Cynthia Warrick chose a career in academia after simultaneously serving as a community college trustee and running her own pharmacy. “I learned firsthand that there were higher education issues that needed solutions. After three years on the board, I sold my pharmacy and entered graduate school to start a career in higher education,” the biomedical scientist and pharmacist explains.
The mother of two small children at the time, she earned a master’s degree in public policy at Georgia Institute of Technology, a Ph.D. in environmental science and policy at George Mason University, and a graduate certificate in hazardous materials management at t he University of California, Los Angeles. She began her academic career on the faculty of her alma mater, Howard University’s College of Pharmacy, and as co-founder of the university’s Urban Environment Institute. She continued to advance in faculty and administrative positions at universities in Texas, Florida, and North Carolina, before becoming interim president of HBCUs Grambling State University and South
Carolina State University.
In 2017 the Alpha Kappa Alpha soror became the seventh president and first woman to lead Stillman College. She develops biomedical research partnerships to maintain diversity pipelines between HBCUs and government agencies and major research institutions. “If we are to address health disparities, we must increase racial and ethnic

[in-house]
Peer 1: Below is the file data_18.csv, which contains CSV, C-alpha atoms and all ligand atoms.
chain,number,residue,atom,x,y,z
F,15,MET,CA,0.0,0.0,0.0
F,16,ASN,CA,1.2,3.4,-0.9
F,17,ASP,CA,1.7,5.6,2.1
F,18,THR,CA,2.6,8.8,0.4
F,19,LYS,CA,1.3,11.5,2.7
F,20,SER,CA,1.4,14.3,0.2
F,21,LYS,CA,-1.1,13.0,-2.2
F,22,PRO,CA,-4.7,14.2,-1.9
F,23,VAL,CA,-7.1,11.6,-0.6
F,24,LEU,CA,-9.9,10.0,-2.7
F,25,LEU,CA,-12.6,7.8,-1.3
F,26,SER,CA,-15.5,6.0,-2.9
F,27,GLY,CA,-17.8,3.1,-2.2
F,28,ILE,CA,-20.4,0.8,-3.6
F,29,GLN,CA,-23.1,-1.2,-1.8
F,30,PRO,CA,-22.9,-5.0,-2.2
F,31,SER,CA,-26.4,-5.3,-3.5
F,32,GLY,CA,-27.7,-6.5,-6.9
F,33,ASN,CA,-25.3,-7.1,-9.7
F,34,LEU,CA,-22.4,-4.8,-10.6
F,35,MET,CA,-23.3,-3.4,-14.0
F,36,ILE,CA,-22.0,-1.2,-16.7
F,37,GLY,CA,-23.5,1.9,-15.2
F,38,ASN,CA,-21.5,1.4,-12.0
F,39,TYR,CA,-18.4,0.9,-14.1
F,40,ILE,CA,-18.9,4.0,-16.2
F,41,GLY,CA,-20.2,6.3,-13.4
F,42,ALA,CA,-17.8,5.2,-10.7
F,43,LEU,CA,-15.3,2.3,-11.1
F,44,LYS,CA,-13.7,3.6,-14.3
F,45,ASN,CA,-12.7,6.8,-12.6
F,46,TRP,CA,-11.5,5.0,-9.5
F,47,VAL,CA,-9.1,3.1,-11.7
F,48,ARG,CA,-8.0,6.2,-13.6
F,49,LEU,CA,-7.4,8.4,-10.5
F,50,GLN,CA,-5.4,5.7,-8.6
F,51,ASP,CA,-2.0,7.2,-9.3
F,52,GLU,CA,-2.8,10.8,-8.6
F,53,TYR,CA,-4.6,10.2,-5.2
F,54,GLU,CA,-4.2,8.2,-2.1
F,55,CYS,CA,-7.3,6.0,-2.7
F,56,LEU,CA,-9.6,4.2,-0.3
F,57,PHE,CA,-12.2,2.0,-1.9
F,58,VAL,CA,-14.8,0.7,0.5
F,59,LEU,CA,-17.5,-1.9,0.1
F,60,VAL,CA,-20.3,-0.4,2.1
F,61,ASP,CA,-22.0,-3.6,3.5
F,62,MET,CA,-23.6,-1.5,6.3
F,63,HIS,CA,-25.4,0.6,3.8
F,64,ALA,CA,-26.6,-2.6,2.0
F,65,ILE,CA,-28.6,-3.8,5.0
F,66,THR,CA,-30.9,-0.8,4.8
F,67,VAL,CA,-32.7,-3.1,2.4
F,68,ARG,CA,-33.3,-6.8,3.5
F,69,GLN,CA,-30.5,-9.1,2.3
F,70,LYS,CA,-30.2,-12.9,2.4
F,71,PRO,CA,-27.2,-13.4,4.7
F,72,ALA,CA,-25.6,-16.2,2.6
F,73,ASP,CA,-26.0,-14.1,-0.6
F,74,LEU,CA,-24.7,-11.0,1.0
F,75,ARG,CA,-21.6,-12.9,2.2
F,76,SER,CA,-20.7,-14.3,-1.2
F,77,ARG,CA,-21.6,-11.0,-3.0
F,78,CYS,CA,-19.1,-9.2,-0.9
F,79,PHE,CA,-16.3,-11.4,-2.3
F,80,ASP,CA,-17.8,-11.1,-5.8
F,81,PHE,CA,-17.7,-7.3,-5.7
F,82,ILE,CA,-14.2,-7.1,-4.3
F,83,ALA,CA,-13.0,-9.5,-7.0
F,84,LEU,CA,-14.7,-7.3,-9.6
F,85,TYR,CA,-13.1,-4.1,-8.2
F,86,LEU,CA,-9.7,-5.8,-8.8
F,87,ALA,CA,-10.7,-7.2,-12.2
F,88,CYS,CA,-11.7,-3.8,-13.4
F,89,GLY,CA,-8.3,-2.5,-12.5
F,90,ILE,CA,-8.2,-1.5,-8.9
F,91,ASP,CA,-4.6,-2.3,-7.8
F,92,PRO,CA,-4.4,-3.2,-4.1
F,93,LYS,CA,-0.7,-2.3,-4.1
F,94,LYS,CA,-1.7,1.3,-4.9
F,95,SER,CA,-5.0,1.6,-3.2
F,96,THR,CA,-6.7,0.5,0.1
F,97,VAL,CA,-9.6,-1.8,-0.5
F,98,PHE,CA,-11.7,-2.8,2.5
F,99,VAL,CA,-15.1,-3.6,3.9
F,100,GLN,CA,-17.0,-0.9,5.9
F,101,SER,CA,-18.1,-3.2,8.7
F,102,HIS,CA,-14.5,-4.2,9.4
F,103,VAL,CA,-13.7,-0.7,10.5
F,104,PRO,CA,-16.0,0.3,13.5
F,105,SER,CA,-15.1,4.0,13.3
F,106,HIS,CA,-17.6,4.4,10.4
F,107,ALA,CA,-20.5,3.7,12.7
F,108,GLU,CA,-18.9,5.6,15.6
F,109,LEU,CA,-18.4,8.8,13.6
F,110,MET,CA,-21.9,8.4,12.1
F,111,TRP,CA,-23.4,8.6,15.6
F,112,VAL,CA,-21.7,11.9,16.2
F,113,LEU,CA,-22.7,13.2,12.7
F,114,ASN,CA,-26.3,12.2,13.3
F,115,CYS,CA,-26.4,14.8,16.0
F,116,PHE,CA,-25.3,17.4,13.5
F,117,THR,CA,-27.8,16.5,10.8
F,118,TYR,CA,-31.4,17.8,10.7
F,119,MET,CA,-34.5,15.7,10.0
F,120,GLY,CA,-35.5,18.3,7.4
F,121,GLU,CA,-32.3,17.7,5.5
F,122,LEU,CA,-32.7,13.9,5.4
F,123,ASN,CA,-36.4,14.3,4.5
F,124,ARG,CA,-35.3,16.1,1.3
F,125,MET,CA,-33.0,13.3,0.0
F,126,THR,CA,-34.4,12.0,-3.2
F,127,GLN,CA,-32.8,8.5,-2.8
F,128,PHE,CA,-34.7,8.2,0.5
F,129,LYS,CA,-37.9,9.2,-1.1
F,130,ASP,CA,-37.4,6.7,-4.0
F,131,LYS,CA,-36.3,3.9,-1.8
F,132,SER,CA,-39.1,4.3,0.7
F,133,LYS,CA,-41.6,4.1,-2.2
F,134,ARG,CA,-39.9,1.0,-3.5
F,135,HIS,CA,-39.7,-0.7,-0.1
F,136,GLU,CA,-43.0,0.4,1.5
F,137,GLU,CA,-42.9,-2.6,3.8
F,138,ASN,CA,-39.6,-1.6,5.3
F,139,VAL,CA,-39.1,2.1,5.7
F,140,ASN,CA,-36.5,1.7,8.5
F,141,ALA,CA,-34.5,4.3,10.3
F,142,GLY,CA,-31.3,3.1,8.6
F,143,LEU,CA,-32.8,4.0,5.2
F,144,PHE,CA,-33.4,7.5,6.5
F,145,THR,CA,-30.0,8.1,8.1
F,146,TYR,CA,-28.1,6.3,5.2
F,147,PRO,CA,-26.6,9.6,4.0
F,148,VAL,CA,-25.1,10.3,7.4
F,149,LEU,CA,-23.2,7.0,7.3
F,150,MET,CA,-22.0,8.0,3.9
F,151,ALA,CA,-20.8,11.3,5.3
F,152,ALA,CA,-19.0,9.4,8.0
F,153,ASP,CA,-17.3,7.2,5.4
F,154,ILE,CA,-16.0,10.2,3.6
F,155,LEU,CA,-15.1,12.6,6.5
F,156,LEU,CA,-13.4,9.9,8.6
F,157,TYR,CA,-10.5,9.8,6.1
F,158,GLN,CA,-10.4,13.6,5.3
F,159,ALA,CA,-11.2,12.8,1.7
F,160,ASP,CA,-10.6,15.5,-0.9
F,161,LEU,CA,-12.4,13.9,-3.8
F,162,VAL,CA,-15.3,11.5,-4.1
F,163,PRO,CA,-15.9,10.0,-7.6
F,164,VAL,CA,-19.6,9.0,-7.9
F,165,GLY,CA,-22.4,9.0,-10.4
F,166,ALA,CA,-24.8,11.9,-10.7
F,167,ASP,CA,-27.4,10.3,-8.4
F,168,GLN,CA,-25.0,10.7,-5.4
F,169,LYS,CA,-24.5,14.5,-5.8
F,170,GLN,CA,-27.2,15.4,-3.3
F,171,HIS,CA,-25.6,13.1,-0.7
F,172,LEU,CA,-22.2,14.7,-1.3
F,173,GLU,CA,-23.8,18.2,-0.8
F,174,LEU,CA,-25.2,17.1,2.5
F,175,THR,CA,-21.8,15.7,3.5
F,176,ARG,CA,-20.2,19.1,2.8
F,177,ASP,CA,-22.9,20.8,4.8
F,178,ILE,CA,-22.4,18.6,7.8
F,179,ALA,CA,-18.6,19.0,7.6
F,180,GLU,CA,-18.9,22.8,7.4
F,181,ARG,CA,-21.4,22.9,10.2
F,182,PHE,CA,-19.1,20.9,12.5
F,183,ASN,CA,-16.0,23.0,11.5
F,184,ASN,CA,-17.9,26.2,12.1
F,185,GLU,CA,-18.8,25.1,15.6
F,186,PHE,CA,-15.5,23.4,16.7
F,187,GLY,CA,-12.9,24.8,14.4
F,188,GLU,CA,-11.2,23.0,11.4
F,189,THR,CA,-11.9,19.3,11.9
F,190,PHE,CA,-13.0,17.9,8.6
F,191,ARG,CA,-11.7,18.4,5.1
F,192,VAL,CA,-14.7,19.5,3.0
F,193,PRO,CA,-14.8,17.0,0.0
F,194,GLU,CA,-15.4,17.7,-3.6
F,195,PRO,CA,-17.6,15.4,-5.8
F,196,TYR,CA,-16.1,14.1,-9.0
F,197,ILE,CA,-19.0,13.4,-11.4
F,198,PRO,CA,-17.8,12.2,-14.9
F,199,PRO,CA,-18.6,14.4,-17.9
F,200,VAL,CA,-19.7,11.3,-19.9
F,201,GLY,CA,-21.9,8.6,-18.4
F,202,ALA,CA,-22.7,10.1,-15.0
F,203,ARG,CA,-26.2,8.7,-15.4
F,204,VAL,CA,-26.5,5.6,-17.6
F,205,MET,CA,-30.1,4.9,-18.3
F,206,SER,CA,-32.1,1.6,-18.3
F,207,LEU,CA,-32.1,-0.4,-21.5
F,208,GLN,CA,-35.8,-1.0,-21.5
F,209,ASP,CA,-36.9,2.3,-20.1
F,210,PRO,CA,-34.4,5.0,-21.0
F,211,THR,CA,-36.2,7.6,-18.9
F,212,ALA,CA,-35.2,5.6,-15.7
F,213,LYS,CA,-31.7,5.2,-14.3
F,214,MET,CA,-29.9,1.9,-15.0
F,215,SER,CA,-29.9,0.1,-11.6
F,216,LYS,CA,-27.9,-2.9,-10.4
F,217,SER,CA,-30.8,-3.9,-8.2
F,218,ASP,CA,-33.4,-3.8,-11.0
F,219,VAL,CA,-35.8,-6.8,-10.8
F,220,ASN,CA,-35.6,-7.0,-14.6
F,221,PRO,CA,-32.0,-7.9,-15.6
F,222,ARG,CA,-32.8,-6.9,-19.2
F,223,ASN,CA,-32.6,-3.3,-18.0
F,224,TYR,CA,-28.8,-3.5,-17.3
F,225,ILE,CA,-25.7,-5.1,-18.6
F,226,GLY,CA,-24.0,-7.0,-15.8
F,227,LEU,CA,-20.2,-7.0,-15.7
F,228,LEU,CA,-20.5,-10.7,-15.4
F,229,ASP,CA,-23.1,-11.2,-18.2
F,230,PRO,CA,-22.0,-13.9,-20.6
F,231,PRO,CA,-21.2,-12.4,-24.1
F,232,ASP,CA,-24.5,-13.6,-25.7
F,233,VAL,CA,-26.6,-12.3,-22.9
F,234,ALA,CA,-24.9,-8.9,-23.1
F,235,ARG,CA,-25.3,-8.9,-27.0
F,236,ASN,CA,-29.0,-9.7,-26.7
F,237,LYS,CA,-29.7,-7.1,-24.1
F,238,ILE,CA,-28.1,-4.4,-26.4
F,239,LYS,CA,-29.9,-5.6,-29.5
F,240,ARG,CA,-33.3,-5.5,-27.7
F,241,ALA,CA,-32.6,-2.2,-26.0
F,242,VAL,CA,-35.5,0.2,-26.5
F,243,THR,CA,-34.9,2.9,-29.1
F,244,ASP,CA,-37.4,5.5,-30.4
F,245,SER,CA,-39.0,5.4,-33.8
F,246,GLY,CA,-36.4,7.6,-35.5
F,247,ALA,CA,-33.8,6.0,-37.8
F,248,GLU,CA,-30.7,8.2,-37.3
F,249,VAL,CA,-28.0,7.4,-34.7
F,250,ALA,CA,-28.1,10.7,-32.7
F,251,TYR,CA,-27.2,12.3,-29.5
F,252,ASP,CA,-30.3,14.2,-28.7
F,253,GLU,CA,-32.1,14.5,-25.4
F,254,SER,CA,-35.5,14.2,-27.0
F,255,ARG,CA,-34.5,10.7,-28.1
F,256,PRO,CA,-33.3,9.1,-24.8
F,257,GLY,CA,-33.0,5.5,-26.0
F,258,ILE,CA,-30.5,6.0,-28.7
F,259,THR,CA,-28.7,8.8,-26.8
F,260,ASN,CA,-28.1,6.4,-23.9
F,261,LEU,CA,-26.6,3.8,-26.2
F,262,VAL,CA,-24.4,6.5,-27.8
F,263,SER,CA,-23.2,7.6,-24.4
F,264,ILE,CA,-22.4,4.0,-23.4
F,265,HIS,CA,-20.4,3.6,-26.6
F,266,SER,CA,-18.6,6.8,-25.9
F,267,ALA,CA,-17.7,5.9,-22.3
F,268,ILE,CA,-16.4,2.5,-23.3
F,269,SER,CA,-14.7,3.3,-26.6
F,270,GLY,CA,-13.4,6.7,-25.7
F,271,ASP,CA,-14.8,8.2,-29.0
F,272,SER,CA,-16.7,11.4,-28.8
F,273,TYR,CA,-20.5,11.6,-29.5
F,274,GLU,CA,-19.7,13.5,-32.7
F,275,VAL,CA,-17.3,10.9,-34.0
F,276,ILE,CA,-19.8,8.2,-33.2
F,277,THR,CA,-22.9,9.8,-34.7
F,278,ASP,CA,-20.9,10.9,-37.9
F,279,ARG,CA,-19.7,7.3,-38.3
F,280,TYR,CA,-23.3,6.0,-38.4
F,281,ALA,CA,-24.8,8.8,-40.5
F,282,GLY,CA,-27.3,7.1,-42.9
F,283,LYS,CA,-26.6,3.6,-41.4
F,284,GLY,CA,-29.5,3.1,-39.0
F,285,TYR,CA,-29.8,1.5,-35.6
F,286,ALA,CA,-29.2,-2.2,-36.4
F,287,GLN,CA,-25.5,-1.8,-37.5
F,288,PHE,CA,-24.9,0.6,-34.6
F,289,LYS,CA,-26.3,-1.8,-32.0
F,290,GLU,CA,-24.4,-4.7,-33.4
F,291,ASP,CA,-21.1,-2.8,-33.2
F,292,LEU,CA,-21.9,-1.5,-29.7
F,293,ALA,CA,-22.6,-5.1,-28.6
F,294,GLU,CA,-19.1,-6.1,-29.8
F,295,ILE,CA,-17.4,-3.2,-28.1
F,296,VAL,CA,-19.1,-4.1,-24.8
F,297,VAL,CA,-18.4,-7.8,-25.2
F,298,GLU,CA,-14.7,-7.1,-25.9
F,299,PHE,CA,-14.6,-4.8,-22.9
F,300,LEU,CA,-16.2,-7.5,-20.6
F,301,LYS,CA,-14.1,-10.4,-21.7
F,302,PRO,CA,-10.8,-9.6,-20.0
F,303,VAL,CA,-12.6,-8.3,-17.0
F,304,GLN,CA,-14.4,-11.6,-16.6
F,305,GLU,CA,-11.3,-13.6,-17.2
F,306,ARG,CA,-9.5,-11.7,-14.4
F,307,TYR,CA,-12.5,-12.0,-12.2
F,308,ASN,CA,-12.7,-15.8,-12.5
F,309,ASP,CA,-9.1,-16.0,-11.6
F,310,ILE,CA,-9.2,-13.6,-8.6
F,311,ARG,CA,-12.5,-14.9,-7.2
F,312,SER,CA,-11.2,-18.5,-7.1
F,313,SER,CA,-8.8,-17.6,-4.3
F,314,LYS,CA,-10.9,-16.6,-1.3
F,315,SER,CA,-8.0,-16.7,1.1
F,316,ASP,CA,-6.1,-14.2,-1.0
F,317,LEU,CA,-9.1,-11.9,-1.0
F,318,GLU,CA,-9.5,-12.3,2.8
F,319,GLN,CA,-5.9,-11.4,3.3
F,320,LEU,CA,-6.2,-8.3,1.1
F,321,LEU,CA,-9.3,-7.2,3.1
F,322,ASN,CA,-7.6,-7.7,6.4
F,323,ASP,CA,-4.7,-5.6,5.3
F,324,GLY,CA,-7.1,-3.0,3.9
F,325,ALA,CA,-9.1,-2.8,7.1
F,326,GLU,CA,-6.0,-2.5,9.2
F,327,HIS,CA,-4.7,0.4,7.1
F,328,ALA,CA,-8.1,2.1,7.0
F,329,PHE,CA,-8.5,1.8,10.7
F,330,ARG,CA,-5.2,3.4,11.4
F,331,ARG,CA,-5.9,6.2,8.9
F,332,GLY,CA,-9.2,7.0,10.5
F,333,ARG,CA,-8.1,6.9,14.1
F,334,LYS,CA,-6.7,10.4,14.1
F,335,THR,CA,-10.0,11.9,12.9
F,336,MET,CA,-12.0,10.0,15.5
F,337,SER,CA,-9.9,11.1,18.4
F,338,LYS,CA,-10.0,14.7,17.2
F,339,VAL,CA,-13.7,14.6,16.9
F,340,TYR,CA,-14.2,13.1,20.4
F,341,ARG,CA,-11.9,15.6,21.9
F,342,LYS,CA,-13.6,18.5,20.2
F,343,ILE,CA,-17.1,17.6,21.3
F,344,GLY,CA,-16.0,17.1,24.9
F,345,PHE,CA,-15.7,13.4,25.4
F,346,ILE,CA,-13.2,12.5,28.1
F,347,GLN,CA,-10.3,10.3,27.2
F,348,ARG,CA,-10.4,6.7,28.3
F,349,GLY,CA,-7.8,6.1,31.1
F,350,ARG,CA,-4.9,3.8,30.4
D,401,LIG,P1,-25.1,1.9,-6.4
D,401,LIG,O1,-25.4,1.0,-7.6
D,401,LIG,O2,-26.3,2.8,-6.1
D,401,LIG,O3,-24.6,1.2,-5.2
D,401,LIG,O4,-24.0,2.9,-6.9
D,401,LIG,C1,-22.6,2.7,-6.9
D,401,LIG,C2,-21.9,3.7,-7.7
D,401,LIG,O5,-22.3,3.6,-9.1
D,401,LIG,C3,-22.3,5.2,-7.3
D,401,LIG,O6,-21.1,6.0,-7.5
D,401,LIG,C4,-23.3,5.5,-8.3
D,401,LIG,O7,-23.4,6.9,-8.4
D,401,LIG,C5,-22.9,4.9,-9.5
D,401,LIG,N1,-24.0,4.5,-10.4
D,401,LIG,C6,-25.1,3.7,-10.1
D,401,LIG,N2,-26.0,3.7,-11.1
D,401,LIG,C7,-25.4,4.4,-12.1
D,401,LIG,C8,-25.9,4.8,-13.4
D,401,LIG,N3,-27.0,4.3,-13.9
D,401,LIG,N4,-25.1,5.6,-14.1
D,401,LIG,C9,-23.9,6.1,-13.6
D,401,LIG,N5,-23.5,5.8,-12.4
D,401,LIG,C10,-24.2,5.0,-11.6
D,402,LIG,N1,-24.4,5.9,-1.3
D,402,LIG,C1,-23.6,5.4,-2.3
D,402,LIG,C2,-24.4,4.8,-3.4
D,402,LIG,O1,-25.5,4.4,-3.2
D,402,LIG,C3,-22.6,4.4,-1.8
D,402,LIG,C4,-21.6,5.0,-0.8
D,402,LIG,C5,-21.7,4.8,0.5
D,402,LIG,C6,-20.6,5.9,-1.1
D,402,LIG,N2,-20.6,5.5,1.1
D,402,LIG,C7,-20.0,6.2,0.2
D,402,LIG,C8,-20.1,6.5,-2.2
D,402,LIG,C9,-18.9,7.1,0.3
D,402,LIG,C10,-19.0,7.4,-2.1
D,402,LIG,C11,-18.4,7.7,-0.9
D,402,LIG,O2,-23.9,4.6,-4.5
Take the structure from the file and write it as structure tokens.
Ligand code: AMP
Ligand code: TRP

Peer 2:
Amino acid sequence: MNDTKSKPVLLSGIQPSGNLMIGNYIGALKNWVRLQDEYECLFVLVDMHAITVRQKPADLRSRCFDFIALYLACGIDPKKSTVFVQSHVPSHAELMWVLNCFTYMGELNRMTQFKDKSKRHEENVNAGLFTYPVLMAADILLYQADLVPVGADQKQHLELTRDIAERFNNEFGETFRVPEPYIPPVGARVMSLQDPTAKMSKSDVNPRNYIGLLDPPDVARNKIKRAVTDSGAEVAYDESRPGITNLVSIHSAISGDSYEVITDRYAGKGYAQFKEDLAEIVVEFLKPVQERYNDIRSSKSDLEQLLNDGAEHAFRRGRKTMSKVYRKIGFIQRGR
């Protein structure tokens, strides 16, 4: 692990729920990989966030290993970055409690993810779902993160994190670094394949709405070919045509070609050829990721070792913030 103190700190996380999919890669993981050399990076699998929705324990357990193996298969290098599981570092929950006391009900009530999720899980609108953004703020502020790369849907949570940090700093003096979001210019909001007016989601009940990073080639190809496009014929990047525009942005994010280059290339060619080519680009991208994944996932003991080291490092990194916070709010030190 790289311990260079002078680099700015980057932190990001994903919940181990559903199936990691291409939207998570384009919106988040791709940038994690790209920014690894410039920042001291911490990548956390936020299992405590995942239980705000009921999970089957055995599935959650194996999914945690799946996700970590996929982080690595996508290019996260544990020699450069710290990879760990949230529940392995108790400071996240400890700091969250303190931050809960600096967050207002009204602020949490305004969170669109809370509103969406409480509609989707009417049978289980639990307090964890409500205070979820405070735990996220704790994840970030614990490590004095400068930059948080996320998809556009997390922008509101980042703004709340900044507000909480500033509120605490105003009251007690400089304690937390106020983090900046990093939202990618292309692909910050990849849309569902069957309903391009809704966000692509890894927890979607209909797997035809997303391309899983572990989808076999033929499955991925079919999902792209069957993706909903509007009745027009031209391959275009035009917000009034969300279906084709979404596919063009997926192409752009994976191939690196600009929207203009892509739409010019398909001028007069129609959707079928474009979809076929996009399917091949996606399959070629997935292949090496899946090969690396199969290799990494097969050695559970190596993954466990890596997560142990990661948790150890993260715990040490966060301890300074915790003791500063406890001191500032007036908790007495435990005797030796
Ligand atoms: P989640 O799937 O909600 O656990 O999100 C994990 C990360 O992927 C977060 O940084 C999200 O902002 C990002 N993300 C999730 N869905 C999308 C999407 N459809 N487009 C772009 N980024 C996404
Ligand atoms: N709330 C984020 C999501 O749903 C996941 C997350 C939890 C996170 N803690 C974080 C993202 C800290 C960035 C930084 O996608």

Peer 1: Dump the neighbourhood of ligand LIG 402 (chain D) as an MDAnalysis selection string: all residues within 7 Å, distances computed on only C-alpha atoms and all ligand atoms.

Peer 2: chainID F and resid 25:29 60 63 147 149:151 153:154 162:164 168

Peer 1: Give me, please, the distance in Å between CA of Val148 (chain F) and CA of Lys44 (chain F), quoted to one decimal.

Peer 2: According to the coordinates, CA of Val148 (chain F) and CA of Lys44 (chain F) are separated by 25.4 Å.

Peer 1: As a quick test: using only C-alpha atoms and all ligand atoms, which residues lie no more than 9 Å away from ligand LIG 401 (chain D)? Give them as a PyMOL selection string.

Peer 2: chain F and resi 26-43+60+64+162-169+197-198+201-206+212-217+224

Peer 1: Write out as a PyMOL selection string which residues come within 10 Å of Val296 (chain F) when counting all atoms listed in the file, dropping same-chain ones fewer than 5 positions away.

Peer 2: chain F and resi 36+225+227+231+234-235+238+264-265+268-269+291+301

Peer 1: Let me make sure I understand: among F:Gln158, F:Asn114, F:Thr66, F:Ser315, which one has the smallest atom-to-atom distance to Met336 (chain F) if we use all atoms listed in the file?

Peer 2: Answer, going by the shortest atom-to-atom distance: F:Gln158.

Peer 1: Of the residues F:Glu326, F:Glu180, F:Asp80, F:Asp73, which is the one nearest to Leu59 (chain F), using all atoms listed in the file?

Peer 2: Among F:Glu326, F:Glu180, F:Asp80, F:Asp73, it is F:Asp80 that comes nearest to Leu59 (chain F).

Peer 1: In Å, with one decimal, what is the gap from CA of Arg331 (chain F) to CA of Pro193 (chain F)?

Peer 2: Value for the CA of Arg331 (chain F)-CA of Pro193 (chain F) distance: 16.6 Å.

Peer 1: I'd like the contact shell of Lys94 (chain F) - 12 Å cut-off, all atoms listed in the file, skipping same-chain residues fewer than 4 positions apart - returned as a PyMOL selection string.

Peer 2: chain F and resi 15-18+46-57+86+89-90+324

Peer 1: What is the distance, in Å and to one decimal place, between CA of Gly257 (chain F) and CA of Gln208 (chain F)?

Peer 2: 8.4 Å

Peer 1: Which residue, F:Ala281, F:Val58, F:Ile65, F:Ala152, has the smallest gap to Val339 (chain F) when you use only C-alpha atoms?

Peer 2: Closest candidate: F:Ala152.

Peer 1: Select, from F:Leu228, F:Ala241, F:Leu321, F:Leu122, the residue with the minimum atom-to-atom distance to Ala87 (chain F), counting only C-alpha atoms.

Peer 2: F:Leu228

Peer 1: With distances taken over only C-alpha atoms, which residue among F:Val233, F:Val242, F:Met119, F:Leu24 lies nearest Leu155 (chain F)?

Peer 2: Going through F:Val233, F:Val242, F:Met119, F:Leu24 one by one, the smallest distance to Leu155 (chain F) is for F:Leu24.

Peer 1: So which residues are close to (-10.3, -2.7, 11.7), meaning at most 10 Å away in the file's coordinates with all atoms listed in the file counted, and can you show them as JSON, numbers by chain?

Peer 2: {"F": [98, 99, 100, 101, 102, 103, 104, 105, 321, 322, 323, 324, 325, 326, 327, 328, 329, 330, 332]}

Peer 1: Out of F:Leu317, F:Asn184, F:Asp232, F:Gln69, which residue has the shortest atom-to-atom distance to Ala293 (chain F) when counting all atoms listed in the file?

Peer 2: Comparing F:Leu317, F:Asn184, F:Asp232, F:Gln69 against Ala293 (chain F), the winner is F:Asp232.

diversity in health professions and research,” she states, citing “the challenges African Americans have in STEM and the difficulties they have being admitted into biomedical science careers in medicine , research, and other health sciences.”
Warrick serves on the boards of the United Way of West Alabama, the Chamber of Commerce of West Alabama, the Tuscaloosa County Economic Development Authority, and the Girl Scouts of North-Central Alabama, and on federal advisory committees. With several pharmaceutical and other “firsts” to her name, she is recognized as a trailblazer
and a “dominant HBCU leader.”